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Five-dollar-a-day doc of Illinois retires at age 88

At 87 years old, Dr. Russell Dohner is a country doctor from a bygone era: He has delivered thousands of babies and charges just $5 a visit. NBC's Kevin Tibbles reports.

For 58 years, the doctor was in, charging just five dollars per visit in the small town of Rushville, Ill.

Now, the man whose services cost so little but who was treasured so much by his community has closed his doors and retired for good.

Dr. Russell Dohner has been mending broken bones and easing aches and pains at his clinic in Rushville since 1955. On Friday, the clinic closed permanently when Dohner, 88, decided to hang up his stethoscope and signature fedora hat for the last time.

A spokeswoman at the Sarah D. Culbertson Memorial Hospital in Rushville confirmed Dohner had retired, but said he did not want to talk.

"He is not wanting to do any interviews. He doesn't want any kind of a reception. He just wants to retire," Molly Sorrell said.

It's a fitting end to a career for a man whose entire work was done so modestly: He didn't take insurance and only charged his patients five dollars each — just a slight increase from the two dollars he charged for an office visit when he became the town's doctor 58 years ago, according to The Associated Press.

Dohner didn't accept appointments in advance: Residents of Rushville, population 3,100, would line up in his office and wait as long as they needed to see him. Dozens filled his waiting room. If they had a medical emergency, they could come in through his clinic's back door, Dohner told NBC News last year.

The octogenarian wouldn't leave until the last patient of the day had been seen, which sometimes meant keeping office hours until 9 o'clock at night.

It's "the end of an era for sure," said Jim Devitt, one of the owners of Moreland & Devitt Pharmacy across the street from Dohner's clinic. Devitt, like so many others in Rushville, had been a patient of Dohner's as a child and would occasionally go see him if he had an urgent health problem as an adult because it was faster than going to his regular doctor.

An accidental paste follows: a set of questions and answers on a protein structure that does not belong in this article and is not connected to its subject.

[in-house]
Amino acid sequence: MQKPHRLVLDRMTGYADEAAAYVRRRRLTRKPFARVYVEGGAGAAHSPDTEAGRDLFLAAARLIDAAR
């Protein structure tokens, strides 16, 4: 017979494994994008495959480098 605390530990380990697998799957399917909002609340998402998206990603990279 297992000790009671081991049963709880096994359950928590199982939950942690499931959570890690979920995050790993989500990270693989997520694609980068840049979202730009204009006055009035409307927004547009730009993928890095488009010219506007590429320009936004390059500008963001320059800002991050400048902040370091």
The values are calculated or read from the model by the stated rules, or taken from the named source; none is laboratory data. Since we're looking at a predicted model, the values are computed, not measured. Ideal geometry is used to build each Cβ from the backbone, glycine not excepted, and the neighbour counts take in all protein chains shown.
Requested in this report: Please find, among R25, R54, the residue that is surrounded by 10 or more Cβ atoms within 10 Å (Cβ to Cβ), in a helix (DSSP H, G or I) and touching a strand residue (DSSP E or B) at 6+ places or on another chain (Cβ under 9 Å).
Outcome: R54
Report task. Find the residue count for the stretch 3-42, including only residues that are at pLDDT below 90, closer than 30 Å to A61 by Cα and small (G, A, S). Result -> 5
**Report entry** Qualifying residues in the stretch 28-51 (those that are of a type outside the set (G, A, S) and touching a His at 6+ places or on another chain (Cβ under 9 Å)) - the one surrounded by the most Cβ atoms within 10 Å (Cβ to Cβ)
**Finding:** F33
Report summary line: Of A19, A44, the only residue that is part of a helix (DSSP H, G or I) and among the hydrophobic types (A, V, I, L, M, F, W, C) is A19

Devitt's pharmacy wouldn't close each night until they had gotten signoff from Dohner.

"We always use to tell people, they'd say, 'When do you close?' And we'd say, 'We close when Dr. Dohner calls us and tells us we can go home,'" he said. "He would call and say 'I've got one more coming over,' and we'd take care of them." 

What made Dohner so special, Devitt said, was his "dedication to his practice and this community." 

That was evident based on the fact that Dohner never took vacation in his nearly six decades of work.

In 2010, in an interview with TODAY, he imagined what he would do if he took a day off.

"I would like to go to Missouri," he said, "but I have to take care of my patients first."

Missouri is 58 miles west of Rushville.

Dohner was born near Rushville, in Vermont, Ill., on a farm, one of seven children. After graduating from Northwestern University medical school, he had dreams of being a cardiologist in a big city, but instead, he told TODAY, "Rushville needed a doctor, so I stayed. It’s the way it’s got to be."

He doesn't have any kids of his own, but he has delivered more children than there are people in his town: More than 3,500.

The only modern thing in his office was his medicine. There was no computer — all patients' files were kept on notecards in folders — and the furniture in his waiting room had been around almost as long as his practice had. But the people who came to see him, many of whom didn't have insurance, didn't care.

"I don't know of anybody [who will fill his shoes]," Devitt said. "We have a new doctor that has come into town just in the last year, but I don't think anybody will walk into his office and take over his office."

TODAY'S Bob Dotson and The Associated Press contributed to this report.

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